Links as Bones: Sorel Etrog and the Fragile Body: A Review

Written by James Pineault, Chair of the Collections Committee at the Art Gallery of Windsor

(L to R): Sorel Etrog: Study After Cezanne’s Five Bathers, 1968, canvas, two panels; Five Figures (Multicolour), 1967–69, oil on board, 2 panels; Five Figures, 1967–68, oil on board, two panels, 240.0 cm x 213.0 cm; The Bridge, 1967–68, oil on board

Today, I am really excited to discuss a beautifully curated exhibit that is currently showing at the AGW entitled Links as Bones: Sorel Etrog and the Fragile Body, curated by Alma Mikulinsky.

About Sorel Etrog
Sorel Etrog was an artist of Romanian Jewish descent who escaped the anti-Semitic environment of post WWII Soviet Romania to study in Israel. Eventually, Etrog moved to New York, and then to Canada, where he found gallery representation and great international success. To put Links as Bones into perspective, Etrog had been in a serious car accident in 1967 and was in terrible pain, so he could not work on his large-scale sculptures in a way that he was accustomed to — and acclaimed for. Nevertheless, Etrog transitioned from three-dimensional sculpture on a monumental scale to more moderate and smaller two-dimensional works. I think we can all relate to having been sick or injured at some point and looking out the window while others were going about their days; a very frustrating feeling. I wonder if Etrog felt a similar frustration after his car accident, and created art to manage that feeling. I think this exhibit demonstrates that some of the greatest works that exist today were created by artists who were experiencing injury and/or disability; Frida Kahlo did much of her work bedridden, and Gershon Iskowitz drew and painted at night while being held prisoner in Auschwitz during WWII to try to keep his sanity.

About the Exhibition
Alma Mikulinsky has, very deftly, curated a brilliant show that looks at many of Etrog’s two-dimensional works from a previously unexplored perspective: one that focuses on Etrog’s experience of disability, recovery, and renewal. Moving along the east wall, you are confronted with several large-scale standout works, which are absolutely breathtaking, and very loosely reminiscent of Picasso’s Les Demoiselles d’Avignon or Guernica. That said, the pieces are strongly reflective of Etrog’s incredibly personal artistic vision and prowess — something you likely have never seen before if you have not yet seen any of Etrog’s work. As you move along these large, multi-paneled masterworks, you can always sit down and relax for a minute or two to contemplate them on the large comfortable bench in the exhibition space. If you are seated on this bench, you will notice that out of the corner of your eye to the right, there hangs a small grouping of pieces (twelve oil on canvas board paintings all Untitled, 1969) that explore colour in a very lyrical way and contrast with the larger panels. Cast your eyes further to the right, and you will find a large panel of Etrog’s prose, which provides you with Etrog’s inner musings on life’s many apparitions of links. This panel is then followed by a series of smaller works — etchings, prints, and drawings — that further explore these concepts in a very clever way. These works really demonstrate Etrog’s mastery of design and spatial awareness — even in a two-dimensional format — and especially showcase Etrog’s rich sense of colour, tone, and shading.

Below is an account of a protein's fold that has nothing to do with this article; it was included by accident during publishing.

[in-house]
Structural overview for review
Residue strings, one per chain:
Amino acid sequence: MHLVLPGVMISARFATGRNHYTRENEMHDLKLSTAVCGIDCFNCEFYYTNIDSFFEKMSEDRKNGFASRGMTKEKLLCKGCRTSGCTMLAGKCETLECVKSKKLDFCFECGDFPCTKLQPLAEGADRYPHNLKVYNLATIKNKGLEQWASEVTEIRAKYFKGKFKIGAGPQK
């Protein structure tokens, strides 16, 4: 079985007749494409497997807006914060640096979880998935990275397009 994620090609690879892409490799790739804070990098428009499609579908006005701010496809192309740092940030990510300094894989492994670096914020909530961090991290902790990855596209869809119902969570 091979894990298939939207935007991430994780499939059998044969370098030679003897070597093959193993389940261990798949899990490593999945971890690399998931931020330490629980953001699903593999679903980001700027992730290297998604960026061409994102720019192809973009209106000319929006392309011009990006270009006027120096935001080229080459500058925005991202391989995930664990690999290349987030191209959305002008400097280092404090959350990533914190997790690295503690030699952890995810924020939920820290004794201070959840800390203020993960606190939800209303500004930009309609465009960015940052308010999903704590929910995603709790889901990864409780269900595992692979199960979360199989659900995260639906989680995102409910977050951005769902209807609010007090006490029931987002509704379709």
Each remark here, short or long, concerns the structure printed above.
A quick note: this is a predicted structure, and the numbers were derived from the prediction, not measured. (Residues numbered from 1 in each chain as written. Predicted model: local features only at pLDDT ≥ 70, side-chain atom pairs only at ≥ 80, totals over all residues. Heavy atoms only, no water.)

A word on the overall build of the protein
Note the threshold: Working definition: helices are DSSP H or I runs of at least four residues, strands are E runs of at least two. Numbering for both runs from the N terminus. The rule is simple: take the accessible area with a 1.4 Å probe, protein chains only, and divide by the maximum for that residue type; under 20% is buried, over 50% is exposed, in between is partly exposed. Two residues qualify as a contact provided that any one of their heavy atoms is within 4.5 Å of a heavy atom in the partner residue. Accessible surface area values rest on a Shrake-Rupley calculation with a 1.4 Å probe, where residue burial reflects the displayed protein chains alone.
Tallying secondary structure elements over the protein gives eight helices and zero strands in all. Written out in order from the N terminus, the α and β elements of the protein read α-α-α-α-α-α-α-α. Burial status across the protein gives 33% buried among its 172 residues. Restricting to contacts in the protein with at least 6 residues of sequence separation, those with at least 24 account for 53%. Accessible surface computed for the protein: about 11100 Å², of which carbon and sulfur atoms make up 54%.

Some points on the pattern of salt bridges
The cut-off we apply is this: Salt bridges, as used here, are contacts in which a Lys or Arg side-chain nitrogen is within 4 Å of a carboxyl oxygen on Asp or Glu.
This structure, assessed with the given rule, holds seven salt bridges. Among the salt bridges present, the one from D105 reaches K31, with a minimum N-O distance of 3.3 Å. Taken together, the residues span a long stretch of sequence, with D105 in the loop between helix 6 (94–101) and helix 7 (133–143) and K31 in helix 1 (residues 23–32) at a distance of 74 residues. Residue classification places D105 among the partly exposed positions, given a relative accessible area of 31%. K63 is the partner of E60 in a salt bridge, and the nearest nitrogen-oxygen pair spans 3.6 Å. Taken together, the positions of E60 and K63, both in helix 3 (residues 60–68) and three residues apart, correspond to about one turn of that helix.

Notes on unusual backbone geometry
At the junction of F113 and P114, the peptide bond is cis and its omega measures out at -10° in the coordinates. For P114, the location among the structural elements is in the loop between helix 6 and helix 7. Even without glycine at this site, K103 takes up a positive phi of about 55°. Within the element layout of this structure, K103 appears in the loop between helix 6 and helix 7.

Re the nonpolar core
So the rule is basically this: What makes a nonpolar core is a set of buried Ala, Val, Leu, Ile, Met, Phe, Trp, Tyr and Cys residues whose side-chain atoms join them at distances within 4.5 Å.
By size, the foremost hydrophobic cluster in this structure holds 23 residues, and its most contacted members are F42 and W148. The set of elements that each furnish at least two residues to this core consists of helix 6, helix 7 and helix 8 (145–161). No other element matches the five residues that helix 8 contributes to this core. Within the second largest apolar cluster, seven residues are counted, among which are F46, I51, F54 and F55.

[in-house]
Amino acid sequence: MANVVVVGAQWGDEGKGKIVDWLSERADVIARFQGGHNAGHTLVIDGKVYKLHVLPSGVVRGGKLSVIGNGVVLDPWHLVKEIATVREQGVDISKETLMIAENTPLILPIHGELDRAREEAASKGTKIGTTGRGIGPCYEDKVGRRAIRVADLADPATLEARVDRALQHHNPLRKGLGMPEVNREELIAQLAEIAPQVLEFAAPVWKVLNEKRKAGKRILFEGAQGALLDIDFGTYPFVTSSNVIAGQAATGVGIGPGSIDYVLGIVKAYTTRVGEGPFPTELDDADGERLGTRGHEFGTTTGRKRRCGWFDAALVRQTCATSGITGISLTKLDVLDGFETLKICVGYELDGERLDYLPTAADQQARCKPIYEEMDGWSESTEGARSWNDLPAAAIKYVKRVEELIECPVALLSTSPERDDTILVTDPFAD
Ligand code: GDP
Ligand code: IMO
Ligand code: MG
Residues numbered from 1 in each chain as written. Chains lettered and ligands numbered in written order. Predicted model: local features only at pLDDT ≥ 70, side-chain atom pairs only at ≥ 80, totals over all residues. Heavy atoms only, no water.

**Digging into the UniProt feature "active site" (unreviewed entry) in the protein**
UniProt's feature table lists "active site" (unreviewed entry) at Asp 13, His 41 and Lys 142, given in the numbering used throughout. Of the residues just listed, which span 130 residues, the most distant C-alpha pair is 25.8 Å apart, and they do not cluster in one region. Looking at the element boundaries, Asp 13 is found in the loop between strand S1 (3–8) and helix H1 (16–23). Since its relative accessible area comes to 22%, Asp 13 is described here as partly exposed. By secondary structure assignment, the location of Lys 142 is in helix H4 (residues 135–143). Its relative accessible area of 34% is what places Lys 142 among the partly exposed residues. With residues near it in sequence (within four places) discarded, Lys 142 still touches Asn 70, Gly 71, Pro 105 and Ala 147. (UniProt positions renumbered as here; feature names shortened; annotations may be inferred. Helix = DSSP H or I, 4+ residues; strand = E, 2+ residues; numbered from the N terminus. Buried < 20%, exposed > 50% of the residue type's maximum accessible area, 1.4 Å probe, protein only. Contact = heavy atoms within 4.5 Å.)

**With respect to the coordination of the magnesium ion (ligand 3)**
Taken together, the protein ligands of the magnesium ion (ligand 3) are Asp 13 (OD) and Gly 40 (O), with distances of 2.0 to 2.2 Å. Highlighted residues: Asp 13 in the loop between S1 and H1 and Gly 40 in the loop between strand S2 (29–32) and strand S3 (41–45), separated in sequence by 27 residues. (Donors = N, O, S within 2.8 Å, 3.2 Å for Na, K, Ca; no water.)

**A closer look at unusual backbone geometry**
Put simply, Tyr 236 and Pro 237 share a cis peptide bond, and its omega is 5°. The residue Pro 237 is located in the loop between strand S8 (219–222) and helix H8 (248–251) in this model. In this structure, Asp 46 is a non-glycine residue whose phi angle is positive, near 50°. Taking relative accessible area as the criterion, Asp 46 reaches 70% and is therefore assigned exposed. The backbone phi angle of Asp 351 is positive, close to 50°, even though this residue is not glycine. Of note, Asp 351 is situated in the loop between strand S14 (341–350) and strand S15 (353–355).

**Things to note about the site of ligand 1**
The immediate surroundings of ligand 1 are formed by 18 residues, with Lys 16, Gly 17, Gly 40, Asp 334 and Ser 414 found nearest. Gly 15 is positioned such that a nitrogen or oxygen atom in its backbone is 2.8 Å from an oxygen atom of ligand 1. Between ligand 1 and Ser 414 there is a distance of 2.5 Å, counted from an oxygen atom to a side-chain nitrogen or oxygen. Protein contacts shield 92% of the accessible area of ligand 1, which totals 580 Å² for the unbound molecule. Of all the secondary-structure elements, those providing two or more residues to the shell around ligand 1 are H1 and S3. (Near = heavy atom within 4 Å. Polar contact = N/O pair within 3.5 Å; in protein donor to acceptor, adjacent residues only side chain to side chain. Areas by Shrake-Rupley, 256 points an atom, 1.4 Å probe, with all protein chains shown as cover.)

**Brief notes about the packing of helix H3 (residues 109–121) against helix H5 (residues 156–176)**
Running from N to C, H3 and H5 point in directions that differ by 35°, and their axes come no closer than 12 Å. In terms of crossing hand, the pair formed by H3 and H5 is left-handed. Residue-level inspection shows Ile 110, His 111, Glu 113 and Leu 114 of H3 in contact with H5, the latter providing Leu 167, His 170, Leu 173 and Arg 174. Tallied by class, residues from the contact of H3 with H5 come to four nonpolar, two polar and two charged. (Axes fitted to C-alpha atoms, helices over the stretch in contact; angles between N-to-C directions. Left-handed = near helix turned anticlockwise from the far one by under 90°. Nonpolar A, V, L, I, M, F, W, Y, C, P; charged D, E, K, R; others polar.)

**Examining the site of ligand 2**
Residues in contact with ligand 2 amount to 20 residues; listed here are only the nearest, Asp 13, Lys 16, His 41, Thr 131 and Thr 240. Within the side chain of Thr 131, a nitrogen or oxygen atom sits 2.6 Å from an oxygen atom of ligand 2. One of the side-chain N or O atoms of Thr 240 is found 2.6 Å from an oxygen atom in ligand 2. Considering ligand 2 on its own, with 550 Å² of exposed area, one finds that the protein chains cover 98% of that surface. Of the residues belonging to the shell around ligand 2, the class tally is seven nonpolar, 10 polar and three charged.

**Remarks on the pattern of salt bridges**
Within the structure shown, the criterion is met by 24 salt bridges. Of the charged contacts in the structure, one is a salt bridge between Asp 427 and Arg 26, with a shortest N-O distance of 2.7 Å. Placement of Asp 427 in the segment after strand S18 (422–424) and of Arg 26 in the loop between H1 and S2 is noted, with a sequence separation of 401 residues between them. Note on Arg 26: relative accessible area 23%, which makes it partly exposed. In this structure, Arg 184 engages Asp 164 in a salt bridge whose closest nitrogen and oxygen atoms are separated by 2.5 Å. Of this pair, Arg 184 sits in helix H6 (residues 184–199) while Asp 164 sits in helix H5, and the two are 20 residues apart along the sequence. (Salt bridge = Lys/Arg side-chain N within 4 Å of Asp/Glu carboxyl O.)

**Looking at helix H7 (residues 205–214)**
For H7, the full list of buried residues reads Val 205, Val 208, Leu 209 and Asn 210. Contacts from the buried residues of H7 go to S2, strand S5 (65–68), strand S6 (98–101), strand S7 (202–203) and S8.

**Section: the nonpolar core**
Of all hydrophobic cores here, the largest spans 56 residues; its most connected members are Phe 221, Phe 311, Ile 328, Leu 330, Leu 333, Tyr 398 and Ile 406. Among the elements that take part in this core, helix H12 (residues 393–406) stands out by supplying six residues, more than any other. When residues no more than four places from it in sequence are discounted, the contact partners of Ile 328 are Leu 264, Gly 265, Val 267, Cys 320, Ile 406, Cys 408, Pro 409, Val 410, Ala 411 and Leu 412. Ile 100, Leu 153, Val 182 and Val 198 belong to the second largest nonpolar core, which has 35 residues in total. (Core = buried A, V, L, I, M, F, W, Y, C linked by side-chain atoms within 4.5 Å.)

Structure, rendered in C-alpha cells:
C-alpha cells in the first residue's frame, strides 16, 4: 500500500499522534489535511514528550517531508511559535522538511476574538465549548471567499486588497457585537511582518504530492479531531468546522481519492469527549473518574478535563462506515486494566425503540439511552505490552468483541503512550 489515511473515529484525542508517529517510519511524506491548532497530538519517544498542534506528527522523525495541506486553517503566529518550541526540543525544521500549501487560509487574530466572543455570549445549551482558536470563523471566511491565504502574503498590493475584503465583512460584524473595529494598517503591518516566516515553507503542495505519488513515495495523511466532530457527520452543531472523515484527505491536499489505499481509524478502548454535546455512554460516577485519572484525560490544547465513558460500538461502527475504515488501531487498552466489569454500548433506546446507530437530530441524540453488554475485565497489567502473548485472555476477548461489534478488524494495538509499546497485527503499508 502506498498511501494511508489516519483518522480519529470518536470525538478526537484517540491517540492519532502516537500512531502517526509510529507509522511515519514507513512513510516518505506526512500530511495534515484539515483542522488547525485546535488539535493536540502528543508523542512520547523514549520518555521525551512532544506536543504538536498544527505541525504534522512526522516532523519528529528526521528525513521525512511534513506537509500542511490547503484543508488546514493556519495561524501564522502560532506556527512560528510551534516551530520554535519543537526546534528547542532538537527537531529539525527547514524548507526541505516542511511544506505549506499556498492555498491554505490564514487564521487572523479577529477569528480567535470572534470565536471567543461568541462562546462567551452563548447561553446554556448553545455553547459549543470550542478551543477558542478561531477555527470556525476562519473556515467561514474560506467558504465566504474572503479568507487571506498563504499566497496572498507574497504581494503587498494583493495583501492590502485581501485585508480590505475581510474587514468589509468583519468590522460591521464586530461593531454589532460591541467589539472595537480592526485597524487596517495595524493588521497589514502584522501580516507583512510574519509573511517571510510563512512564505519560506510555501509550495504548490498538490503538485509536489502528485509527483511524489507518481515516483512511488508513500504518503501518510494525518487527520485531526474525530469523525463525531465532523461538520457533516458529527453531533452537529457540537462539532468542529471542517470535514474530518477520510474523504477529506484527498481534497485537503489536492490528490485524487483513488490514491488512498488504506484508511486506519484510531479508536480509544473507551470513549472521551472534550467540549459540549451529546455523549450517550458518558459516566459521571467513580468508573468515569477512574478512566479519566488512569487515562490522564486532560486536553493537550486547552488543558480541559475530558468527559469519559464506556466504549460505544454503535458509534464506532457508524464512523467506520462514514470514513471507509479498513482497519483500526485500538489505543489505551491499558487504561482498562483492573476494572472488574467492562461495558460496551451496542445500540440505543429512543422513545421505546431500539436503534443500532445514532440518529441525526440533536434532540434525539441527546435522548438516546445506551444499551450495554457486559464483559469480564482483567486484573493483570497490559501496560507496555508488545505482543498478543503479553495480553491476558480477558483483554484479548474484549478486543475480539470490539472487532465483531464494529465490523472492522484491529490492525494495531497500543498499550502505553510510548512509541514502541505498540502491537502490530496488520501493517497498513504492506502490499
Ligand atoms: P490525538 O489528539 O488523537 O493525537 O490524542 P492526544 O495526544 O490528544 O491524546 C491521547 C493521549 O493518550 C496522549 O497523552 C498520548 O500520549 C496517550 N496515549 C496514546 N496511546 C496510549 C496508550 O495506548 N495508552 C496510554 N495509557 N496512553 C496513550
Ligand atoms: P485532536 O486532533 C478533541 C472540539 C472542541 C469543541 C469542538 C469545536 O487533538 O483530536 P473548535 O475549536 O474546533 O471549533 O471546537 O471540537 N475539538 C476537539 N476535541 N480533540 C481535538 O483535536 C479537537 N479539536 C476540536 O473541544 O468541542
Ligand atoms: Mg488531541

Altogether, this moderately sized exhibit is quite the ride, and I would highly recommend it for both children and adults alike. Etrog’s unique artistic vision, and this new perspective on Etrog’s work, is certain to open minds and hearts of all who come to visit Links as Bones!

About the Author:
I have been a longstanding member of the AGW and was recently elected to the Board of Directors, and appointed to chair the Collections Committee at the AGW. I have to say that I am very proud to be associated with one of the best art galleries in Canada and look forward to contributing to the realization of the new strategic plan headed by our very talented and professional staff. This is a journey that I have embarked upon with the hopes of giving back to both the Windsor-Essex community, and to the AGW, which has provided my family and I with top-notch programming over the years.

The Art Gallery of Windsor (AGW) is a non-profit public art gallery that uses the power of art to open hearts and minds to new ideas.